Rossignol Experience 88 Skis

overall rating:



Ashley Haman
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Though I still think Rossignol has some work to do regarding their plans on sustainability, I am impressed by how accessible their information is to consumers. Their sustainability report is easy to comprehend and visually appealing to encourage the average consumer to actually read it, which is more than can be said for many companies that attempt to hide their habits. The company has the ability to make a statement in both the ski and overall outdoors world with its current plans, for it is one of the oldest and well known. As they continue in the scale of their RESPECT program, my biggest advice for them is to continue to be transparent in the changes being made. It will make consumers more confident in what they are buying and ensure that they’ll be shredding the mountain while also protecting it.

What it's made of:


Though Rossignol doesn’t give information on the exact sources of their materials, they offer transparent information on what makes up their skis. Their edges are made with 100% recycled steel and the soles are made up of 30% recycled material. Their sustainability report highlights some other initiatives regarding materials, such as the pursuit to eliminate materials that don’t respect animal welfare, reducing the use of chemicals from the petroleum industry, and the use of materials certified by recognized labels. They follow these claims with some specific ways they have been adhering to these goals, which is impressive, but I still would like to see more efforts being put in. Much of the specific actions lack numbers and seem to address simply how they are telling their sourcing companies what to use and what not to use. I would like to know more about how they are enforcing these guidelines at the sourcing level to ensure that these are not just empty claims. I would also like to see this dedication to every product they release, for it seems that they have very specific products that were designed to be sustainable, with the rest not adhering to as high of standards. Additionally, their information on packaging follows this trend of being a bit broad, for it simply says that they are currently within the process of a study to find the best way to package their products. However, for the amount of time they’ve released their sustainability plan, I am still impressed with this transparency and information they provide.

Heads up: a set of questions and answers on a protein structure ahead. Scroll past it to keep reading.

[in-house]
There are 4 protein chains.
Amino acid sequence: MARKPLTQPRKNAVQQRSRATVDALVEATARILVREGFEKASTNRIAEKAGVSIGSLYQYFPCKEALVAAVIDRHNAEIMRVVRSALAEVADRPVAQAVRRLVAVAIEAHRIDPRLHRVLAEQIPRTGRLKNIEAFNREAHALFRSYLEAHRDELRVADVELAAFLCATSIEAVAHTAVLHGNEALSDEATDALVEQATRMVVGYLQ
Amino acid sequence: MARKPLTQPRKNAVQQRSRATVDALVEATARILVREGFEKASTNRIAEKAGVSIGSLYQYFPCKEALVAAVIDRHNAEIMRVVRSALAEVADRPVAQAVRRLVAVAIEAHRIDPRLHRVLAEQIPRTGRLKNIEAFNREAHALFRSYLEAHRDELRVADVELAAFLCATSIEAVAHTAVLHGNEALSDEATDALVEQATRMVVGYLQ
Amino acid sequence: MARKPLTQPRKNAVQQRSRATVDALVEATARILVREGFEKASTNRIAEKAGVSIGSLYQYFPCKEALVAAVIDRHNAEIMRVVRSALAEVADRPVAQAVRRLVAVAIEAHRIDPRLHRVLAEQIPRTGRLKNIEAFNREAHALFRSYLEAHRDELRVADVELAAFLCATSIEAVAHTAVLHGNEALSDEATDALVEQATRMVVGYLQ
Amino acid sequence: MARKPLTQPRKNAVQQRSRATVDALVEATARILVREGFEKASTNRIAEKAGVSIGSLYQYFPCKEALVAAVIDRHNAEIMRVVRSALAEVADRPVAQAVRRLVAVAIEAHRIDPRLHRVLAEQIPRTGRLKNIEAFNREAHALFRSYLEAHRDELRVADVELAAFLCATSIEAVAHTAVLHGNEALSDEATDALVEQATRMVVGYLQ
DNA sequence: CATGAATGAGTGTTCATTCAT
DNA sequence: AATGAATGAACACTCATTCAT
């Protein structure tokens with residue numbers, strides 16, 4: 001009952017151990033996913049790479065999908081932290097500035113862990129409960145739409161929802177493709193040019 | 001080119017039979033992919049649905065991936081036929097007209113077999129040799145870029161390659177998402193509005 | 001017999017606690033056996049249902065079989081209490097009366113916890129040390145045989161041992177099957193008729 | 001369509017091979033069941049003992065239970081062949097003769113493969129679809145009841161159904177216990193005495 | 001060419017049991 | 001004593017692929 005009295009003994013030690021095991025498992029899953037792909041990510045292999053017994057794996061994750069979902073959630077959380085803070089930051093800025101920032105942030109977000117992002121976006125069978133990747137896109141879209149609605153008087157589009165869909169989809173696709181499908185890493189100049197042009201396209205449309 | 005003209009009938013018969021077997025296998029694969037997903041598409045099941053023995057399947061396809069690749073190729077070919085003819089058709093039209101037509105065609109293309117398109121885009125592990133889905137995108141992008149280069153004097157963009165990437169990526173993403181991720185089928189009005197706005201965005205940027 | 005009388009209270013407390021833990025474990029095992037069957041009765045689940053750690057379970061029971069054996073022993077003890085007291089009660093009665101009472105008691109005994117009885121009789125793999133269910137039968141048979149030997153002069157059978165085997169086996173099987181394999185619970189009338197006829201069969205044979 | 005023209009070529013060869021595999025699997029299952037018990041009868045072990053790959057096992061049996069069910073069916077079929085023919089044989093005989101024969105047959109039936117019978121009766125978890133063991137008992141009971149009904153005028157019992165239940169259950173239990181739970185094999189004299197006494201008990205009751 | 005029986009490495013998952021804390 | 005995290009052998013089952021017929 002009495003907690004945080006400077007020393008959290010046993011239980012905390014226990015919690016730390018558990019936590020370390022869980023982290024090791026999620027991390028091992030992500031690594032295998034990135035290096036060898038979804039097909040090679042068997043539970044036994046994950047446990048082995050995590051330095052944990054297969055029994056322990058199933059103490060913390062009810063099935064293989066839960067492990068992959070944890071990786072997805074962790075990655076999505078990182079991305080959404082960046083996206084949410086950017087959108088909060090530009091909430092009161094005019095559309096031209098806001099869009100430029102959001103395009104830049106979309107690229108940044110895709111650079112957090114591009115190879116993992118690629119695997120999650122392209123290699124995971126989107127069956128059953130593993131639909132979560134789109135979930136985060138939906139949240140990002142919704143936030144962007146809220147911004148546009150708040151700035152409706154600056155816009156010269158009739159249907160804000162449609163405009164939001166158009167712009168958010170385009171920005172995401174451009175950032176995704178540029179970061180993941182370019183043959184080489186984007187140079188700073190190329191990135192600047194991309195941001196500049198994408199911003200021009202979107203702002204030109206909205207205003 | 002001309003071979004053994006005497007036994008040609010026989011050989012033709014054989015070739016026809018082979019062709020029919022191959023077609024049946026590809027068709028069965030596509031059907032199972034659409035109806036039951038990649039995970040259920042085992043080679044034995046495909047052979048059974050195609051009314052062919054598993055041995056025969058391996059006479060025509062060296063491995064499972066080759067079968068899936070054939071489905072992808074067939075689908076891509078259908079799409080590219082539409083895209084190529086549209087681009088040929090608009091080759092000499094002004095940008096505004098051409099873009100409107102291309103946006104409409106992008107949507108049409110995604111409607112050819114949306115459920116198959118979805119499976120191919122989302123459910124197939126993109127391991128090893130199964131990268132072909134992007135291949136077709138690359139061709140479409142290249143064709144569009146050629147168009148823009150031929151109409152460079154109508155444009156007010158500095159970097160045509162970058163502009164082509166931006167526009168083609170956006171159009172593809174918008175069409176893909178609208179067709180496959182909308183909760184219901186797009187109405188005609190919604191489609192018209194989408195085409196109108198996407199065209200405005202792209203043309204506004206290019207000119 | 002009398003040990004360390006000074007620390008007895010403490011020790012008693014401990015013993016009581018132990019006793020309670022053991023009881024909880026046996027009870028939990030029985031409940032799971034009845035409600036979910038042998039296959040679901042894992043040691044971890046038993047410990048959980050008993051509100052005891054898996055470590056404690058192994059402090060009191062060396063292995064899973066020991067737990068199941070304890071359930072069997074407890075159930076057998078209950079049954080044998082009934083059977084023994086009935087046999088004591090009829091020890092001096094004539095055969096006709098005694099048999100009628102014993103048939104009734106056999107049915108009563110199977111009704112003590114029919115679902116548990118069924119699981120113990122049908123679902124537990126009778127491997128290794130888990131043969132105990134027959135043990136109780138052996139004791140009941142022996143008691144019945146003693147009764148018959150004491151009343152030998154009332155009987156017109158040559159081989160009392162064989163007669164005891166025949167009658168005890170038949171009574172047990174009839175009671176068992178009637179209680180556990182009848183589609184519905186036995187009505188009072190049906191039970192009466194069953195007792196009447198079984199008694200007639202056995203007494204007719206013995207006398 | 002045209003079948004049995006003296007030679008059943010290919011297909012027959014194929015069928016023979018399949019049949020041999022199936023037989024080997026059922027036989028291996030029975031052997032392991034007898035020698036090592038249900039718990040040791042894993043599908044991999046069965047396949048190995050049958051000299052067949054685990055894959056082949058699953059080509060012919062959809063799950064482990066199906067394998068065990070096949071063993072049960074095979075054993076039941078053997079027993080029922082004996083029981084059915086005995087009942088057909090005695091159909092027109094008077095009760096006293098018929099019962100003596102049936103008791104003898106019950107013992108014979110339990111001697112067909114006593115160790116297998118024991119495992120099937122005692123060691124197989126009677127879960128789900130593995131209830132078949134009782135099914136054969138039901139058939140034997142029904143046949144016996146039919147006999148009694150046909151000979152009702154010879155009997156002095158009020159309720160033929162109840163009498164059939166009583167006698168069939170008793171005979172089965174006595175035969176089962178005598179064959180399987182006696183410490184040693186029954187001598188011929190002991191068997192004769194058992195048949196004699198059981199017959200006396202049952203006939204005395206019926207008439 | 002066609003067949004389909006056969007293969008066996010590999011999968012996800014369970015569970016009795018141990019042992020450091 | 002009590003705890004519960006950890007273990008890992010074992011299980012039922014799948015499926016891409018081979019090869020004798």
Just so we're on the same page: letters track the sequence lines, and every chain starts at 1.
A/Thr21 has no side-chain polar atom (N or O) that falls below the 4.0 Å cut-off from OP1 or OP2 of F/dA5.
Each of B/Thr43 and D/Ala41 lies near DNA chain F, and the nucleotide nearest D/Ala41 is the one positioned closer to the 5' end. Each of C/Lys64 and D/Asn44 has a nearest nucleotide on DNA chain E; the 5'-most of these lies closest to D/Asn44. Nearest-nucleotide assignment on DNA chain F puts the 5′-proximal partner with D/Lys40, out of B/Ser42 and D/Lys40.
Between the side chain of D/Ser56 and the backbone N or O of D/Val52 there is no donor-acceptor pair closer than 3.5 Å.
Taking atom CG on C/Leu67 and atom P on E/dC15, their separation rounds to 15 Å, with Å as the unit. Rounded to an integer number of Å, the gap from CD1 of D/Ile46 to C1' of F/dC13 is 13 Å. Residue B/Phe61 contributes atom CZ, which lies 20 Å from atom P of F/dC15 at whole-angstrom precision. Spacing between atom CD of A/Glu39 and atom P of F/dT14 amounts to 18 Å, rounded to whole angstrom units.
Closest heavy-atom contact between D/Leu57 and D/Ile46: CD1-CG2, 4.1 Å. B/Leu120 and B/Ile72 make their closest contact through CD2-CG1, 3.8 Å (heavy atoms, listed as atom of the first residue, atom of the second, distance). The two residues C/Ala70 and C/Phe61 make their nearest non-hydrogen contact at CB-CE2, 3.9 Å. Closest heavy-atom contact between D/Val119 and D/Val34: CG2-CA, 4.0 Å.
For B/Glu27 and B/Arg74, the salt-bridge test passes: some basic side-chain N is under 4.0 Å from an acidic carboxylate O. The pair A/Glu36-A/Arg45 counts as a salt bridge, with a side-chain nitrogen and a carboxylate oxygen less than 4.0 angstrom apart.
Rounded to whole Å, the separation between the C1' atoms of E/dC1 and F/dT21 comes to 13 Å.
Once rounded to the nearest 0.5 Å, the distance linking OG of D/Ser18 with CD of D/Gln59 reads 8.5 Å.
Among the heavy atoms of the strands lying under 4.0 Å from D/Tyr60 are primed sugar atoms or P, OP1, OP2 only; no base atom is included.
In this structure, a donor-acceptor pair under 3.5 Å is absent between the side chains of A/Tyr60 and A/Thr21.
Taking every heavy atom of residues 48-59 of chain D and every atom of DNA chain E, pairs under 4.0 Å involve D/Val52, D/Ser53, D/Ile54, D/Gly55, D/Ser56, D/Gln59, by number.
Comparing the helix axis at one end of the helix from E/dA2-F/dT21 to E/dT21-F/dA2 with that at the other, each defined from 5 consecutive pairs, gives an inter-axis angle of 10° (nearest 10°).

How it's made:


Rossignol’s main production takes place in Europe and their factories hold ISO14001 certifications, which hold the company accountable for sustainability factors in their manufacturing process. These are not all of Rossignol’s factories, merely those in Europe, so there is still room for improvement as far as standards in their production process. Additionally, there are costs to the environment associated with keeping production and shipping outside of the United States, where many of their consumers are located. However, they are local to Europe as well, and their carbon footprint is reduced by keeping manufacturing there rather than in other countries across the world, such as typical locations like China and Vietnam. Rossignol’s sustainability plan highlights specific actions that have been taken in their European factories and headquarters in order to decrease their carbon footprint. I think it is a great start for them, for they are very specific in what factories have experienced changes and to what degree they have done so. As their sustainability plan continues to grow in scale, my biggest advice for the company is to keep up this transparency regarding specific actions they have taken in their factories, for it will only better their reputation with paying consumers.

Who makes it:


Rossignol is one of the largest ski brands in the country, selling about 600,000 pairs per season. It has a long history, beginning back in 1907 with French founder Abel Rossignol, and since then the skis have made appearances in the Olympics and slopes across the world. In January 2020, the company launched its RESPECT program, which outlines its goals and initiatives in terms of equity and sustainability. I was impressed by the concrete goals the company has, such as reducing carbon emissions by 30% by 2025 and reducing waste by 40% by 2030. Though these numbers may not seem big, they are extremely significant for a company that has such large-scale production each year, and having tangible numbers is an improvement from many other companies, especially in the outdoors industry. One of the things I found most intriguing about this company was how easy it was to find this information and the way it was presented. Their sustainability report seemed to be geared toward consumers, with engaging graphics and explanations of their plans, which leads me to believe that they are genuine in their approach to sustainability rather than trying to fool consumers on their motives. The RESPECT program highlights initiatives being taken regarding working conditions in factories, including a timeline of policies and changes they’ve made. I would like to see more information on factory standards, but they do a unique presentation of other ways in which they better the quality of life for workers, such as events they host and support they give in personal ways, which makes them seem more genuine in their approach. It is different than many other companies, who simply share how they meet codes of stable working conditions, and it leads me to believe that they care about who is working for them.